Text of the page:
What does it mean to be disabled at an elite university? That was the question addressed at a panel discussion yesterday night organized by the Cornell Union of Disability Awareness (CUDA). The panel was composed of four Cornell students with disabilities: Christina Hartmann ’07, president of the organization, Molly Henderson ’05, John Krenzel grad, mechanical engineering, and Ahmed Salem ’08.
“CUDA was founded this fall, primarily to be an activism group for students on campus,” said Stacey Horman ’07, vice president and co-founder of CUDA, who introduced the panel discussion. The panelists first talked about the process of acquiring accommodations and services on campus.
“I visited many colleges, but Cornell was the only place that promised me an interpreter and C-Print,” Hartmann said. She explained that with C-Print she has a laptop and another person with a laptop takes notes and sends them to her. According to the National Technical Institute for the Deaf’s website, C-Print is a speech-to-text system with “printed text of spoken English displayed in real time.”
“I’m probably the only person at Cornell who enjoys taking notes, because before C-Print I couldn’t take my own notes and it was really hard to read other peoples’ notes,” said Hartmann.
One of two blind undergraduate students at Cornell, Ahmed Salem ’08, gets electronic texts for his classes that can be read aloud with special software. He said that this approach is much better than using braille for textbooks because the books are much larger and longer.
“The only negative thing is that it’s really difficult for me to change classes because you have to wait 15 business days to get a book, that’s about 3 weeks,” he said.
Dealing with physical surroundings and activities such as carrying, writing and opening doors have been the main challenges for John Krenzel grad, mechanical engineering, who has an artificial arm. He had difficulty getting a parking permit his first semester at Cornell and was given a bus pass instead.
“I got stuck carrying my books around and my arm ended up breaking,” Krenzel said. He was able to obtain a permit after subsequently talking to the engineering college dean.
Molly Henderson ’05, who has a learning disability, attended two other universities before Cornell and was able to compare the accommodations. She said that at the other two universities she took tests and was allotted time through the disability center while at Cornell she receives letters of accommodation from the Student Disabilities Service to give to professors.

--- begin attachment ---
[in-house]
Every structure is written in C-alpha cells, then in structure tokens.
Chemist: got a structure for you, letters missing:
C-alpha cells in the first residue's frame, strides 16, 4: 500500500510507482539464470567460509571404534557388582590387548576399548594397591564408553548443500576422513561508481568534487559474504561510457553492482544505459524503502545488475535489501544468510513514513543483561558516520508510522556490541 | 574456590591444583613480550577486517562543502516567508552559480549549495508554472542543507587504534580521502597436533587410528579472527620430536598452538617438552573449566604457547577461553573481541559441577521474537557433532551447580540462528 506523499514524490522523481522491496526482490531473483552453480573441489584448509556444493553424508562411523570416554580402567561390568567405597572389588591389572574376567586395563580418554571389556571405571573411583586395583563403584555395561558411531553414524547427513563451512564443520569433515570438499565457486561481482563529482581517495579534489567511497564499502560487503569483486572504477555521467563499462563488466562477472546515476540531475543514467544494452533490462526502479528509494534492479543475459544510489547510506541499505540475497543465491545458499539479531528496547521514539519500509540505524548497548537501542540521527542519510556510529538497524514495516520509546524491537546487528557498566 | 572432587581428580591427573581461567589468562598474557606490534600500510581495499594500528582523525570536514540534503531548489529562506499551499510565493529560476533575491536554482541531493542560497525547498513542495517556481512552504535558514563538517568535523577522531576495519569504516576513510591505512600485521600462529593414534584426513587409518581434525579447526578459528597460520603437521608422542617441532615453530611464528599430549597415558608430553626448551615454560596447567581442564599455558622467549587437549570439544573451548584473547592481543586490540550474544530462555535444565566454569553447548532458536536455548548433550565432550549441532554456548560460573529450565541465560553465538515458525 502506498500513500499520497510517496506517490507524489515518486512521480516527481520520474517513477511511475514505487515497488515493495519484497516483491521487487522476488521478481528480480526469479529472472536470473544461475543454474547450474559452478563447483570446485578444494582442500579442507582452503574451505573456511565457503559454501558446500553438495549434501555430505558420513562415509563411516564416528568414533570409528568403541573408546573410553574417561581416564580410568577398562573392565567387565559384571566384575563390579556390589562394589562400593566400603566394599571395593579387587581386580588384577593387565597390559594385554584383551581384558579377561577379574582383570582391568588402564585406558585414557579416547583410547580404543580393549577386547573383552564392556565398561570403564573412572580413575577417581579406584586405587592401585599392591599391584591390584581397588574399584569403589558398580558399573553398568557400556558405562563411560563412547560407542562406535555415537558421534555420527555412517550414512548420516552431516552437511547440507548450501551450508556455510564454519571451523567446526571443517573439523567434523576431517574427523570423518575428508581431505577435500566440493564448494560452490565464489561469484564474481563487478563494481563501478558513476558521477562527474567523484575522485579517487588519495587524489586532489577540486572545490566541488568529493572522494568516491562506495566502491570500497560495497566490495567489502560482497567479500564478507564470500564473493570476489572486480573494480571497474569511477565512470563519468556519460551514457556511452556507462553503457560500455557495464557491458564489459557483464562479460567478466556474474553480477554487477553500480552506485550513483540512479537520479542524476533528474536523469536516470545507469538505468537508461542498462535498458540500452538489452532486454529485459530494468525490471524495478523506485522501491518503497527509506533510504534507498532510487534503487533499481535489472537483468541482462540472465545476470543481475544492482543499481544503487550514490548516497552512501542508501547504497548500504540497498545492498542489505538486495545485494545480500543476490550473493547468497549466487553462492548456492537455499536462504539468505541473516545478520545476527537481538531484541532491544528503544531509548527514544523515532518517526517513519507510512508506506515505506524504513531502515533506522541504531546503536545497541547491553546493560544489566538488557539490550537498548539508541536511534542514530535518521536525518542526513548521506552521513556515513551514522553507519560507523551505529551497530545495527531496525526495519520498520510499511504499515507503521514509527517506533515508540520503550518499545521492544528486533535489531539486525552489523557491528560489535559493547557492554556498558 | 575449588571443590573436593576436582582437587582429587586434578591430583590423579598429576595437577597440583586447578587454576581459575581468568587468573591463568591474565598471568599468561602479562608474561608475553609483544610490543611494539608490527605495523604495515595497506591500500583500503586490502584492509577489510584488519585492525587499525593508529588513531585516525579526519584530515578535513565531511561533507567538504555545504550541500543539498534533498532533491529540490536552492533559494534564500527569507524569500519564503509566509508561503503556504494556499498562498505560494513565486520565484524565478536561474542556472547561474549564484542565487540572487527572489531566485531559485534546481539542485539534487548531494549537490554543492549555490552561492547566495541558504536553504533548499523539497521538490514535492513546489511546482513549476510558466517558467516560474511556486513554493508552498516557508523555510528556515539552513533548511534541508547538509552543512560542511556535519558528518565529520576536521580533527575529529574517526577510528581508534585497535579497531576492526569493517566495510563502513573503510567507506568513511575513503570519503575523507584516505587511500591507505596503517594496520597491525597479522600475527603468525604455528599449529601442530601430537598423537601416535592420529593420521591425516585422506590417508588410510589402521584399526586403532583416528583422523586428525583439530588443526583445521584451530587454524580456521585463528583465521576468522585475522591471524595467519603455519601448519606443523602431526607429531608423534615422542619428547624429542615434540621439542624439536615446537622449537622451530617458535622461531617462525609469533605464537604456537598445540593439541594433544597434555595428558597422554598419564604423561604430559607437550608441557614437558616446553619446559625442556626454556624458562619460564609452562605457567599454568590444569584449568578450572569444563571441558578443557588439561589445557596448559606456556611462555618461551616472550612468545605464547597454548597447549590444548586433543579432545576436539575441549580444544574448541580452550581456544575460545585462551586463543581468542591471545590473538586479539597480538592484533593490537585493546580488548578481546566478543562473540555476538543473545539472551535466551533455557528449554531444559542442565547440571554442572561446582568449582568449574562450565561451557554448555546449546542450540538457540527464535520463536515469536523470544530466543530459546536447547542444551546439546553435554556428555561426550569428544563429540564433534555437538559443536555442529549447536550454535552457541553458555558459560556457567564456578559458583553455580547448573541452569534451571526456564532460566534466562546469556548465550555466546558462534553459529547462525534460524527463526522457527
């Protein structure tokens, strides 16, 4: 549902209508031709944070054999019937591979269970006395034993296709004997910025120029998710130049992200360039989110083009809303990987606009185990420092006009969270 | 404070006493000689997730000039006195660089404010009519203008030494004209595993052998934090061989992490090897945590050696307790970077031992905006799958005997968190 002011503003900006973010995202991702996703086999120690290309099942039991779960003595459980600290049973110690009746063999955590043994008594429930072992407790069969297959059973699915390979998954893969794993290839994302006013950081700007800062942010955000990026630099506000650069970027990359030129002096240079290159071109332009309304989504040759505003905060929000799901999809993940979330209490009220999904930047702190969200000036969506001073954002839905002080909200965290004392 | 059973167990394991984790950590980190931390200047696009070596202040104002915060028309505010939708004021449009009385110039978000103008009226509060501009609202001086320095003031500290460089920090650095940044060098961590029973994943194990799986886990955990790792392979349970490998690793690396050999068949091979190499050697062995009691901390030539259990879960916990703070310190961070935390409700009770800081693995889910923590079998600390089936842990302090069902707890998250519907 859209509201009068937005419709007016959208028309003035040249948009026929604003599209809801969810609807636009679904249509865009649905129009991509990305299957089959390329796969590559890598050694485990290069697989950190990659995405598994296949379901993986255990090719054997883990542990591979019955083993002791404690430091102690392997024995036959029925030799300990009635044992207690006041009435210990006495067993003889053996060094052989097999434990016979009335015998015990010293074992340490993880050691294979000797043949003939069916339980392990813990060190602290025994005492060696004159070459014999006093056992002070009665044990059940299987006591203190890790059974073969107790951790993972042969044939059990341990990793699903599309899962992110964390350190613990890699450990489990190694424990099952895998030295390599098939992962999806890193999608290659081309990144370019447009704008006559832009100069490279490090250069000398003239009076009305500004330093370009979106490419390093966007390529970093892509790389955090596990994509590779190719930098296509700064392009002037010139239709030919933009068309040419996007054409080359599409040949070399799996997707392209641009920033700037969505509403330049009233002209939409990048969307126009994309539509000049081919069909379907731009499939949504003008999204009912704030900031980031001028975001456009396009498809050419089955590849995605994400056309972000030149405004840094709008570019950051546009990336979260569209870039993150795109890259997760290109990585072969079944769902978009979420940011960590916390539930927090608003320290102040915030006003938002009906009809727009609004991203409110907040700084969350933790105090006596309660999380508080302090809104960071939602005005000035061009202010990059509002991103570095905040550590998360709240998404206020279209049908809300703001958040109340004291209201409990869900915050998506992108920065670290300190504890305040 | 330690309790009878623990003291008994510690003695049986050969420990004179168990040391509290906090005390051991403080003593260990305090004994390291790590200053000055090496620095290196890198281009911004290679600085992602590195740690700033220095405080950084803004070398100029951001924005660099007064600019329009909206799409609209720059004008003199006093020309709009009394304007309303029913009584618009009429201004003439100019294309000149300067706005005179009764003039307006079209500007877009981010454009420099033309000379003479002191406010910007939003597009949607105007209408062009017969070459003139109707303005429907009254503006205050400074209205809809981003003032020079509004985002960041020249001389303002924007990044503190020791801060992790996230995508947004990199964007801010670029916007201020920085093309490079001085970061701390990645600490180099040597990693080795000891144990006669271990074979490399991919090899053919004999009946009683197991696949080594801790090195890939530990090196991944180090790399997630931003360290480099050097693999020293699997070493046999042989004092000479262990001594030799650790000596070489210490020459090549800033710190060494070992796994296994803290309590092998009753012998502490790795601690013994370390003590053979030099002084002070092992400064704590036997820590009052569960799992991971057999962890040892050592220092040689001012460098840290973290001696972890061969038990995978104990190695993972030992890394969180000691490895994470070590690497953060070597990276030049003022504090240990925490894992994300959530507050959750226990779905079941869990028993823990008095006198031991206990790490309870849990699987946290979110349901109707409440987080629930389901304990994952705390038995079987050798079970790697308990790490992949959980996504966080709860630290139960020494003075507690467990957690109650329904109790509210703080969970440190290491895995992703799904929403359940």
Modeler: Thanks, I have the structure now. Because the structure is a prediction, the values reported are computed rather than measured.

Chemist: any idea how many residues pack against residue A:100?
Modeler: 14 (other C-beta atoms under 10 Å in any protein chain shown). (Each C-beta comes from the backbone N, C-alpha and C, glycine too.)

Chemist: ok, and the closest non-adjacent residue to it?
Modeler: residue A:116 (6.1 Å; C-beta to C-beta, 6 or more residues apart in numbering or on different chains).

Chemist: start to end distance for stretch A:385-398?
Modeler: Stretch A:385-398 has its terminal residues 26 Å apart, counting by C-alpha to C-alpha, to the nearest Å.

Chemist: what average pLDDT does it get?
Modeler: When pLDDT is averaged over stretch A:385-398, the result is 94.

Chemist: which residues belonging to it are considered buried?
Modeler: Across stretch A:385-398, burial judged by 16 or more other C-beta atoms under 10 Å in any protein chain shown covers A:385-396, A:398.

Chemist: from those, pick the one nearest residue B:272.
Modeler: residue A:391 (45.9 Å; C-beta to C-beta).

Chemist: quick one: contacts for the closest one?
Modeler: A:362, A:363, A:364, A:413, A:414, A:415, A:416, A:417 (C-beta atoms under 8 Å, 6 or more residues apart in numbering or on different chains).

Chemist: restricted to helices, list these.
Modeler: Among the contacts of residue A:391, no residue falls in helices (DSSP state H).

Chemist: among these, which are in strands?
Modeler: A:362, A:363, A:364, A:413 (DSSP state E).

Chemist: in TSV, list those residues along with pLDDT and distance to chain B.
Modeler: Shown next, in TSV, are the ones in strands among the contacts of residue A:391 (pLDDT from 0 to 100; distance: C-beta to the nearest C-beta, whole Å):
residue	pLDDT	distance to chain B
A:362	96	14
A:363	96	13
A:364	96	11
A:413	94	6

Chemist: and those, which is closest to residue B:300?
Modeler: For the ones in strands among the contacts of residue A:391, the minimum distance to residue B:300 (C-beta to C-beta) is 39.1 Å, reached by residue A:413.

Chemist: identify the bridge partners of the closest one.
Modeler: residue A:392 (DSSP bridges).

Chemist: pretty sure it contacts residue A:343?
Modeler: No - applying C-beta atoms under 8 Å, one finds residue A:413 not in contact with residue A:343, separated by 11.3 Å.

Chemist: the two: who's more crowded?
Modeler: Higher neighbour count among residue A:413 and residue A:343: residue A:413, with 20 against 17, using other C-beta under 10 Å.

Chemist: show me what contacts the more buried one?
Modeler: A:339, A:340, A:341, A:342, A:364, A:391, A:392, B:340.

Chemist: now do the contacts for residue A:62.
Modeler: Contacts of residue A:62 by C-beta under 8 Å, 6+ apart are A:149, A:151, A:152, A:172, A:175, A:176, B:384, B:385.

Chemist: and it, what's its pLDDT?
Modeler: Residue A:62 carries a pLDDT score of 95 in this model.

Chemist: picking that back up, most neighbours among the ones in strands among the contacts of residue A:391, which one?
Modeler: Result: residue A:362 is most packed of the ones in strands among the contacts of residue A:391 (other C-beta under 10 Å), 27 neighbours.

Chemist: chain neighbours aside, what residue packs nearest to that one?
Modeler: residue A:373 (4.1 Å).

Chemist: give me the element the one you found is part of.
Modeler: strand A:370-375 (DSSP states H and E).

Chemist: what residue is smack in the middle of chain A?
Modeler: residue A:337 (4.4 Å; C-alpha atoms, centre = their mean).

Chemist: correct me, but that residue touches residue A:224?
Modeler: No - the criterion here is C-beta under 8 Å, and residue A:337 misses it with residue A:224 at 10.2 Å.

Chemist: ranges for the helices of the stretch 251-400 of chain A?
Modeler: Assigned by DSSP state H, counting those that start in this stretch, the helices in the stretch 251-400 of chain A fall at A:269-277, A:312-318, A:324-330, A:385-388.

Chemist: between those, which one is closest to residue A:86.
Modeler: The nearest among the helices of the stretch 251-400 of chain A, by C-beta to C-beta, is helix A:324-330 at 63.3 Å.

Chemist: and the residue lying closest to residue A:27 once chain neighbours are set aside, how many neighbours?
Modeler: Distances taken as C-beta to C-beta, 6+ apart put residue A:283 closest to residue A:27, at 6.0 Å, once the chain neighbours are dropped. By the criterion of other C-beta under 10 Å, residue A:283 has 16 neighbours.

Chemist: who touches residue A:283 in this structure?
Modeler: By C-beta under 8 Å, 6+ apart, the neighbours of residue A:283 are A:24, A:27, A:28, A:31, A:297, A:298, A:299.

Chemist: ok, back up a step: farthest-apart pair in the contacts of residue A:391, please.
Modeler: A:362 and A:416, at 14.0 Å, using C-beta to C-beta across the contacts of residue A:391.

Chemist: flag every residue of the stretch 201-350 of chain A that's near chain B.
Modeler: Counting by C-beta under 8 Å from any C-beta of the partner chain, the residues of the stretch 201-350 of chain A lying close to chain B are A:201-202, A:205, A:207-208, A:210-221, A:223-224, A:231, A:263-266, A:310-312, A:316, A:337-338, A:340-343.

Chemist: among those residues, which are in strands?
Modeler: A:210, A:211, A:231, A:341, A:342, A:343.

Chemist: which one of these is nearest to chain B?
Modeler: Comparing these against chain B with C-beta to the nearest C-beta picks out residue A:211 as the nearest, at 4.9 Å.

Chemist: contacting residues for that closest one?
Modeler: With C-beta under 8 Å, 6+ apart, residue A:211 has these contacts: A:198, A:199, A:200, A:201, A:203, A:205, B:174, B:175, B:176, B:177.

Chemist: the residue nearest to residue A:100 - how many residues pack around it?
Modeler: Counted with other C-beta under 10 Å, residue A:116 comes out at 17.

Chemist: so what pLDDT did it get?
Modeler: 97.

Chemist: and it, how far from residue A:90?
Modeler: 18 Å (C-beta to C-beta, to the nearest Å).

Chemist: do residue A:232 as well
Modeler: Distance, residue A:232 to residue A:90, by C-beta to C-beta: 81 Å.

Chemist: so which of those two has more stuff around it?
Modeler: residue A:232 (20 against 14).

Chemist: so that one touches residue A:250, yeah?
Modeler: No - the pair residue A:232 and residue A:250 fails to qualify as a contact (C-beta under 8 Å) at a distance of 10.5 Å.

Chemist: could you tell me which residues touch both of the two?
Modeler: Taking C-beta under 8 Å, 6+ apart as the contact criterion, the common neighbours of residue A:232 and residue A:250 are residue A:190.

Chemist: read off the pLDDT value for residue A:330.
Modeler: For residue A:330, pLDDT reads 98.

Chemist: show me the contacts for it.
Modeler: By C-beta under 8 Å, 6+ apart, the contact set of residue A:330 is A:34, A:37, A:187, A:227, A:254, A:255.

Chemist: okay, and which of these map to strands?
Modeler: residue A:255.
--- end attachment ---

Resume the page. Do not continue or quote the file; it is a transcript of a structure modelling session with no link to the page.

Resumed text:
The four panelists also talked about their experiences with student responses to their disabilities.
“There’s a big problem in general about what people think a disability is. I personally can’t relate to that word because disability refers to your inability to do things. I can’t ‘read’ a book while walking to class, but I can read the book on my computer and write essays,” said Salem.
He said a lot of people ask him basic questions about what it’s like to be blind, which he interpreted as a lack of awareness. He added that there is a tendency to relate personal choice to a person’s disability. For example he said that people would interpret his decision not to drink at a party as an indication that a blind person can’t drink because that would be too much, to be blind and drinking.
Hartmann said, “People look at me and just because I’m deaf, think that I’m like every other deaf person.” She acknowledged some disadvantages as needing someone to go to classes with her saying, “I can’t fall asleep because someone is watching me.” However, she said that she sees being deaf as a “really enriching experience.”
For Krenzel, the main issue is facing the question “What happened to you?” all the time. “This should certainly not be the first thing out of someone’s mouth,” he said.
Henderson said that her learning disability doesn’t come up very often.
“When I tell them that I have extra time on all of my exams some people say ‘Wow, you’re so lucky’ and I want to say that it’s a pain in the ass scheduling exams,” Henderson said.
The four students with disabilities said that they appreciated help from people on campus but also said that people can overhelp. Some examples of overhelping were rushing to get the door and rushing to pick things up.
“Just because I’m deaf doesn’t mean I can’t handle dropping things,” said Hartmann.
Hartmann and Horman founded CUDA last fall after realizing that none of the more than 800 organizations on campus addressed disability interests. Hartmann said that 1,300 students at Cornell are registered as having a disability. According to Horman, the main goals of the organization are raising awareness about people with disabilities, working towards administrative changes and becoming a presence on campus.
“We are not a special interest group. Disability is a type of diversity, a creative and imaginative way of seeing the world; it’s not bad, it’s just different.”
The panel discussion was also sponsored by community development.
Archived article by Vanessa Hoffman
Sun Senior Writer